One life to live, and doing my best to do more than one thing with it

One Way and Another Way

People that know my background from the rigid plastic packaging industry sometimes shake their heads trying to figure things out when I tell them my ‘day job’ in now in the feature film industry. (For those plastics nerds reading this, ‘film’ is not referring to flexible packaging — no, it means movies — as in entertainment) “Oh, so you got a new hobby,” some have said. Ah, no. Though I do not tell them directly my thought is to help build a bigger business than what I left behind in manufacturing. For those still listening the question that comes up almost all of the time is, “Do I miss it?” The answer I give comes with a pause — how do you describe something that you truly valued and are grateful for while at the same time not missing it?

The manufacturing business was not just a business I owned but rather a family business my father started and I took over after his passing. When it achieved a level of success I felt I could not take further it was time to leave. I am grateful for the people that became a part of my life along the journey and obviously for the resources it created to continue down a different path ahead.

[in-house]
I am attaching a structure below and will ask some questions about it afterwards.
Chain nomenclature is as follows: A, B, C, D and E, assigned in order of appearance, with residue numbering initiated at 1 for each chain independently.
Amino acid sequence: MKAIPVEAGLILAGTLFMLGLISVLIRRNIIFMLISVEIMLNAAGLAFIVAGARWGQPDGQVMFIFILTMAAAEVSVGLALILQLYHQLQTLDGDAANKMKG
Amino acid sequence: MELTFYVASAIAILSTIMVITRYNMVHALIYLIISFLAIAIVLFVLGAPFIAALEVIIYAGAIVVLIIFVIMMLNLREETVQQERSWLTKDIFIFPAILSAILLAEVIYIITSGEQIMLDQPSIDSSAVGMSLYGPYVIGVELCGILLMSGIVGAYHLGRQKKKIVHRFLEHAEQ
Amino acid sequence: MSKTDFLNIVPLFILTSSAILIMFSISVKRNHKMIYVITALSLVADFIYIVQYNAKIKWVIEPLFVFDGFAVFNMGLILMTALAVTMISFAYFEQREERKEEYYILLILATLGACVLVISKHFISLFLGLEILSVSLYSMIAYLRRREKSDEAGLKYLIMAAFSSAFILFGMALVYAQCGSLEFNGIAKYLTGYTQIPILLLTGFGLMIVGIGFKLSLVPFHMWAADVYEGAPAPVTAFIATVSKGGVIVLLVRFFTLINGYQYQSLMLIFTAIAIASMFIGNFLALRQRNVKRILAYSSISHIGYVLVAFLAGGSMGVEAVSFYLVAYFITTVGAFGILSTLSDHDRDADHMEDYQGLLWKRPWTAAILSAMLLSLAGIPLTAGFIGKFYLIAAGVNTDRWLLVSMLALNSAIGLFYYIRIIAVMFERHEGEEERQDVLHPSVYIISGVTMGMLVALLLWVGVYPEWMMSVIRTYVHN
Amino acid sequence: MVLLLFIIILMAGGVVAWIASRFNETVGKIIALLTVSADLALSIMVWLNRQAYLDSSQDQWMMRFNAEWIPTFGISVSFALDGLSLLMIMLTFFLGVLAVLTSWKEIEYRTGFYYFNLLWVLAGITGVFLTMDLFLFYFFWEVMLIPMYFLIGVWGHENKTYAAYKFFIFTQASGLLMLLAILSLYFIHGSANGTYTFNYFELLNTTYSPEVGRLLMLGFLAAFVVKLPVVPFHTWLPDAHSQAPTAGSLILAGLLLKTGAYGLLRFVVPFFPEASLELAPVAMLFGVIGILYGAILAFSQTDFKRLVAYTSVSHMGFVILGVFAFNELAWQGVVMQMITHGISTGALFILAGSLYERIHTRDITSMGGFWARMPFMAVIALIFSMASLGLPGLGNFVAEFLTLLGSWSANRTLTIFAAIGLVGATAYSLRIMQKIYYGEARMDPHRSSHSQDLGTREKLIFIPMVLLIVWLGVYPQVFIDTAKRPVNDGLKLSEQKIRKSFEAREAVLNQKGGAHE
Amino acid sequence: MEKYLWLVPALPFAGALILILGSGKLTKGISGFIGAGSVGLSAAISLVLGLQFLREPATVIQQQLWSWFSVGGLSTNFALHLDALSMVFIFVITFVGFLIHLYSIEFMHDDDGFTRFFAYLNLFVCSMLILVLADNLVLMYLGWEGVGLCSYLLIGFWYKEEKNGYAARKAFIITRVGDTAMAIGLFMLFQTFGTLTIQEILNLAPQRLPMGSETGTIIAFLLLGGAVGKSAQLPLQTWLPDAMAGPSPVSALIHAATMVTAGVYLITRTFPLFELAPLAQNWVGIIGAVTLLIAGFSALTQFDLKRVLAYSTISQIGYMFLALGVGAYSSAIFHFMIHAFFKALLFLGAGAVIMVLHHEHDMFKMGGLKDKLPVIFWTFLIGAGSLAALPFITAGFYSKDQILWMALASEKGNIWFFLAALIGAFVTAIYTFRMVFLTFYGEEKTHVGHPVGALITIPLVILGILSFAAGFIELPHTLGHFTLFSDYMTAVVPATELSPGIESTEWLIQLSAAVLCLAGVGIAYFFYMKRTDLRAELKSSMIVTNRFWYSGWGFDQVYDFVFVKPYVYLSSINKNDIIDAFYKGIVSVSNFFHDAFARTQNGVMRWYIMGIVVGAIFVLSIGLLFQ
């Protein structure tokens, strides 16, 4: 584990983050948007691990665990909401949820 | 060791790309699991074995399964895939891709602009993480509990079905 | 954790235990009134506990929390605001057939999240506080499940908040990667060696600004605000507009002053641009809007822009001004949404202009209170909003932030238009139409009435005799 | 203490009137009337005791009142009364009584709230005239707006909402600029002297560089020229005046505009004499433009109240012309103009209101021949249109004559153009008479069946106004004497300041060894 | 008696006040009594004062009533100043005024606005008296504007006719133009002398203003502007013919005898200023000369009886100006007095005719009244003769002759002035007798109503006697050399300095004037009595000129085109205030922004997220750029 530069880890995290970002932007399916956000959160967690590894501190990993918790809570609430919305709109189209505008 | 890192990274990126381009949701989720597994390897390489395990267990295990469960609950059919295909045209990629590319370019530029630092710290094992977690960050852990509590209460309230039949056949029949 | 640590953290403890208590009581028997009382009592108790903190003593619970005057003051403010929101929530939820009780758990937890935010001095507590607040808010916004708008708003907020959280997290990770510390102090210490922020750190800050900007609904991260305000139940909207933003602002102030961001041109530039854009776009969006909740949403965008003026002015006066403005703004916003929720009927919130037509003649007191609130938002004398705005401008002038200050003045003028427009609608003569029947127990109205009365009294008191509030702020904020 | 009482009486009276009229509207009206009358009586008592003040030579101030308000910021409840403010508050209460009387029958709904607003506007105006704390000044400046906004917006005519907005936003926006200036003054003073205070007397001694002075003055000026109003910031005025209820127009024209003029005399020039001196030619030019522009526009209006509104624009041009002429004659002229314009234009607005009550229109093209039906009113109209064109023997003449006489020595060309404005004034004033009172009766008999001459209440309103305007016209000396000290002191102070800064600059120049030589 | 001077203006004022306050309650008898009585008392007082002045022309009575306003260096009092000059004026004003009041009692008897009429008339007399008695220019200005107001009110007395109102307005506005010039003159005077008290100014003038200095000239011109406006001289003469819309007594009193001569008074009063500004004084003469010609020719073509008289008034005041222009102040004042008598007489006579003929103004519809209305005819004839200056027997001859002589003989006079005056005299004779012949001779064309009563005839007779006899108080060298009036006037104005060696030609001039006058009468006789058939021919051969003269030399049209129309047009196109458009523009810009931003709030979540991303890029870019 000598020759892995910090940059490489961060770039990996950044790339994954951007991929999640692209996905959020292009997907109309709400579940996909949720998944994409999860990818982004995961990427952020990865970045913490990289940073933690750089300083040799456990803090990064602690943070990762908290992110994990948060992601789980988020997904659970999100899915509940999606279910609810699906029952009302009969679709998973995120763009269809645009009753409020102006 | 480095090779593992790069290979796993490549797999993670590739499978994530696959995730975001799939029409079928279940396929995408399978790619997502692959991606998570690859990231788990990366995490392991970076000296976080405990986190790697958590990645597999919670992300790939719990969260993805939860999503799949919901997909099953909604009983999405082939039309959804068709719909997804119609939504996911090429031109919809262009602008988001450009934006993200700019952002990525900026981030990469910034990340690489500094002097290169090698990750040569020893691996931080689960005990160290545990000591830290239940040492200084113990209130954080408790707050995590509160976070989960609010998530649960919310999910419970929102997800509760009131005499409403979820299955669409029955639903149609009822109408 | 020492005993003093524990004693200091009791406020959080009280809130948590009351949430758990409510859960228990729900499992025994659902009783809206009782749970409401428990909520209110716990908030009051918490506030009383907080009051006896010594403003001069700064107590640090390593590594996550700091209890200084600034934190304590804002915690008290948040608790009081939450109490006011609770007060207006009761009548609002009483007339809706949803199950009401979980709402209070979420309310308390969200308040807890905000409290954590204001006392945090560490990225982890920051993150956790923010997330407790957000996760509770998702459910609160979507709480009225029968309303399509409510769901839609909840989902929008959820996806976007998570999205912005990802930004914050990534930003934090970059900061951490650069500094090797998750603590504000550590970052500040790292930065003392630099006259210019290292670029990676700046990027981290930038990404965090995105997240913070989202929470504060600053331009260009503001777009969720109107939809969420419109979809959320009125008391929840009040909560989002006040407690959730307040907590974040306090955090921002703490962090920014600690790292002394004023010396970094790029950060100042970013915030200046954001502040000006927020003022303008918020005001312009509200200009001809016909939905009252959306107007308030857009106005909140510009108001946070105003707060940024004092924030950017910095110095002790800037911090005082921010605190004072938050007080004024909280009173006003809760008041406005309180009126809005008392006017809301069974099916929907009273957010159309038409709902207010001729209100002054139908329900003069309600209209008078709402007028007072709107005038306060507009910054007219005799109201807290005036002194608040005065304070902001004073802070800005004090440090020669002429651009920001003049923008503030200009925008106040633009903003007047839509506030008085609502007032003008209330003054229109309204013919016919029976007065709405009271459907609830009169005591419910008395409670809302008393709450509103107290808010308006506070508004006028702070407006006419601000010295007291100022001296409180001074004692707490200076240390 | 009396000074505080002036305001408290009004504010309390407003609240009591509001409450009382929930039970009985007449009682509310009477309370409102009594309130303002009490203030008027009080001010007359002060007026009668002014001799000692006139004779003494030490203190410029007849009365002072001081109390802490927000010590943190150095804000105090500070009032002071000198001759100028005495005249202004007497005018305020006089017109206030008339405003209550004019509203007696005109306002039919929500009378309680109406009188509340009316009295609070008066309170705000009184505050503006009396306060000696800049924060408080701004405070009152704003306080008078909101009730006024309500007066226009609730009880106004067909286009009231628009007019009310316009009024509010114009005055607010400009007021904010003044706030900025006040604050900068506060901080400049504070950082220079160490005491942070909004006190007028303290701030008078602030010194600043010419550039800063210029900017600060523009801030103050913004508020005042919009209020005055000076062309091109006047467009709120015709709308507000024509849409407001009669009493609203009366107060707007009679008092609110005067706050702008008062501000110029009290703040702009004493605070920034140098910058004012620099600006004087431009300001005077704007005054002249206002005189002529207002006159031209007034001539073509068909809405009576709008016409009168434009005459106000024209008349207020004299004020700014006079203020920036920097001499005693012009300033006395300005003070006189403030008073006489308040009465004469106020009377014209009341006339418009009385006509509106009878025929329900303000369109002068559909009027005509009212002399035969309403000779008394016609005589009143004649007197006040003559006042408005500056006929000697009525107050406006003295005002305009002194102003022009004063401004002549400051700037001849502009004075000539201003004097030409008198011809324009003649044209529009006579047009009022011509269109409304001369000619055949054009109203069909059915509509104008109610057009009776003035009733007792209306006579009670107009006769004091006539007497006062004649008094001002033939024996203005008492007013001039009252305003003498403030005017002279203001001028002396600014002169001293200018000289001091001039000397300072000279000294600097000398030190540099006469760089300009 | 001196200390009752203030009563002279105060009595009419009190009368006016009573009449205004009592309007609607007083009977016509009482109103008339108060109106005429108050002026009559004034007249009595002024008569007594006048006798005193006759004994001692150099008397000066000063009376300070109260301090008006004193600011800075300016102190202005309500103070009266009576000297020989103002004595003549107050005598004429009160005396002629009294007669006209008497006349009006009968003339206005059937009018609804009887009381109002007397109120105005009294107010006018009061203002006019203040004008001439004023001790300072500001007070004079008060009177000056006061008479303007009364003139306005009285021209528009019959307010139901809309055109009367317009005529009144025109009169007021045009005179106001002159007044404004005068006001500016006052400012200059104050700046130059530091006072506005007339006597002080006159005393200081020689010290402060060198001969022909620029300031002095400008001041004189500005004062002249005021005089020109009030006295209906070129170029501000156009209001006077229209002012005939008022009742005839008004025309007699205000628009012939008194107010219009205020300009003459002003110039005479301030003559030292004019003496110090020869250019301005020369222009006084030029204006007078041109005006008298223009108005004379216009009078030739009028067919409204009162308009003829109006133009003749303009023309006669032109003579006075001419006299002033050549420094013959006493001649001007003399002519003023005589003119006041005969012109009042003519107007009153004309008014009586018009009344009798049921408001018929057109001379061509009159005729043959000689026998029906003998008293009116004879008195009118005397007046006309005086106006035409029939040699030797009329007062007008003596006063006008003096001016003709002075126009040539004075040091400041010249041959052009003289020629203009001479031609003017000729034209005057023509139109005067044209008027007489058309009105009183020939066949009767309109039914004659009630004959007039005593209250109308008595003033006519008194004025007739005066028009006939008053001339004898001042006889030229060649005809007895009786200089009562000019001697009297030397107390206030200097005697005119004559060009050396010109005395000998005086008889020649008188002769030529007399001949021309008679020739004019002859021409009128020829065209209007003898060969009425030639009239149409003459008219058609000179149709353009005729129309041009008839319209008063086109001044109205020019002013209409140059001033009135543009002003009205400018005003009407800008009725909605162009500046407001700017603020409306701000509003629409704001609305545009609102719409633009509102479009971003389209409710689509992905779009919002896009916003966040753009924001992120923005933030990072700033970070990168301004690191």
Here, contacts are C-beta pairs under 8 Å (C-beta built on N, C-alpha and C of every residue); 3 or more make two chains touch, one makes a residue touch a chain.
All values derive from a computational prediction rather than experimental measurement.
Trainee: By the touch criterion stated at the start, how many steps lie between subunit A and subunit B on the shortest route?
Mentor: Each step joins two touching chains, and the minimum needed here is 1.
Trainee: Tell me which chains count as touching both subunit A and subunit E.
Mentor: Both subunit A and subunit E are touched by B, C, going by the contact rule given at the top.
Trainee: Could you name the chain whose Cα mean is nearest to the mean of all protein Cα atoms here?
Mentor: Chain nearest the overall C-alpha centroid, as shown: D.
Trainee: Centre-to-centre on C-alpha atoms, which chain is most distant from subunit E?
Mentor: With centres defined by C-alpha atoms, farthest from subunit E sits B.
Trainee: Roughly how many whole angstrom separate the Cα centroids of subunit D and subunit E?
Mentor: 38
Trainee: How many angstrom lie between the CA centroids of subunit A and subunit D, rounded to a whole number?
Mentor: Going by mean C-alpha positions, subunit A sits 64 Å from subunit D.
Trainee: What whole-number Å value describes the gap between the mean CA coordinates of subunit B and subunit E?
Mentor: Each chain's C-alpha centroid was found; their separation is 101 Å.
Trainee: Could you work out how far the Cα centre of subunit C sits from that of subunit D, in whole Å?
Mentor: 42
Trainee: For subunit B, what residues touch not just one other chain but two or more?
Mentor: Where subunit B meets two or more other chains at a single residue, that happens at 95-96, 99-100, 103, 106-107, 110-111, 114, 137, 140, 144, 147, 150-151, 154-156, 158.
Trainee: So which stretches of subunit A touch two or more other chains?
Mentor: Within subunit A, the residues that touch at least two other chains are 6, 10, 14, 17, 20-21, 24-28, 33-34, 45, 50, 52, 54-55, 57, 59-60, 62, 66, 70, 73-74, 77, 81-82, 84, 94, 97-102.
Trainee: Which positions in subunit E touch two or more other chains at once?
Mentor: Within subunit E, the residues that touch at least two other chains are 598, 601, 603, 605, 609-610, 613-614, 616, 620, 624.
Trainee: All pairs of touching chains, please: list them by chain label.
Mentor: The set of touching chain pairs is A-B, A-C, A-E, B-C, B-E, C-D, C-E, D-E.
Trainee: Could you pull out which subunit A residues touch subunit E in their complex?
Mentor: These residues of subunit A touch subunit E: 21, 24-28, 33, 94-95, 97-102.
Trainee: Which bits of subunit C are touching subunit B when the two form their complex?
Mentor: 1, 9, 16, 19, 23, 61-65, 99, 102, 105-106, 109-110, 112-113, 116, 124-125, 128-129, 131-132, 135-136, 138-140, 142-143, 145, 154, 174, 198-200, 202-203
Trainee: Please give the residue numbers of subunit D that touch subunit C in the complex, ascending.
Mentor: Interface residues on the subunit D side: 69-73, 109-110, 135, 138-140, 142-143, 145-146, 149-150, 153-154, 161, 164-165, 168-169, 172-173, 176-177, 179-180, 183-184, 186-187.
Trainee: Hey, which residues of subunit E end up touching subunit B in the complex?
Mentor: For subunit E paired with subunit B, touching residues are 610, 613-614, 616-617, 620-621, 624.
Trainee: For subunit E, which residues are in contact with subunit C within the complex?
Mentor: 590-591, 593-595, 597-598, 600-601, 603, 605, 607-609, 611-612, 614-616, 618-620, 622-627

If you are an assembly line worker and love your job then you probably do not understand what I am talking about. I cannot imagine doing the same thing day in, and day out. Yet, if I am brutally honest with myself there is a level of abstraction where I am probably doing just that. I may have had no love for plastic packaging but I certainly enjoyed building the business — finding the people, capital, and strategy needed to make it grow into something my own father would have never imagined. To a great degree I am still doing the same thing, just in different industries now with the film investment being the one I hold closest to my heart.

My thoughts, when I started writing this piece, did not begin here but where I ended up leads me to a blog entry of Tim Ferriss, The Top 5 Reasons to Be a Jack of All Trades:

  1. It’s more fun, in the most serious existential sense.
  2. “Jack of all trades, master of none” is an artificial pairing.
  3. In a world of dogmatic specialists, it’s the generalist who ends up running the show.
  4. Boredom is failure.
  5. Diversity of intellectual playgrounds breeds confidence instead of fear of the unknown.

Thus, is it really being a ‘Jack of All Trades’ in the end or just being a miserable failure of labeling what you are good at that is the real truth? In other words, if you think you are a specialist could you be missing out on a larger picture to which you fit in just as well? Either way, the push towards a ‘gig economy’ is here and it is growing. As terrible as the thought is of finding something new, after doing the same thing over and over again for literally an entire career’s time, it is also becoming easier. The challenge, as with many things in life, is usually more of a mental shift than a lack of ability. Take that challenge, conquer it, and you just might find — as I have — the thrill of being born someone new again.

“We have two lives, and the second begins when we realize we only have one.” ― Confucius

(Originally posted on Medium)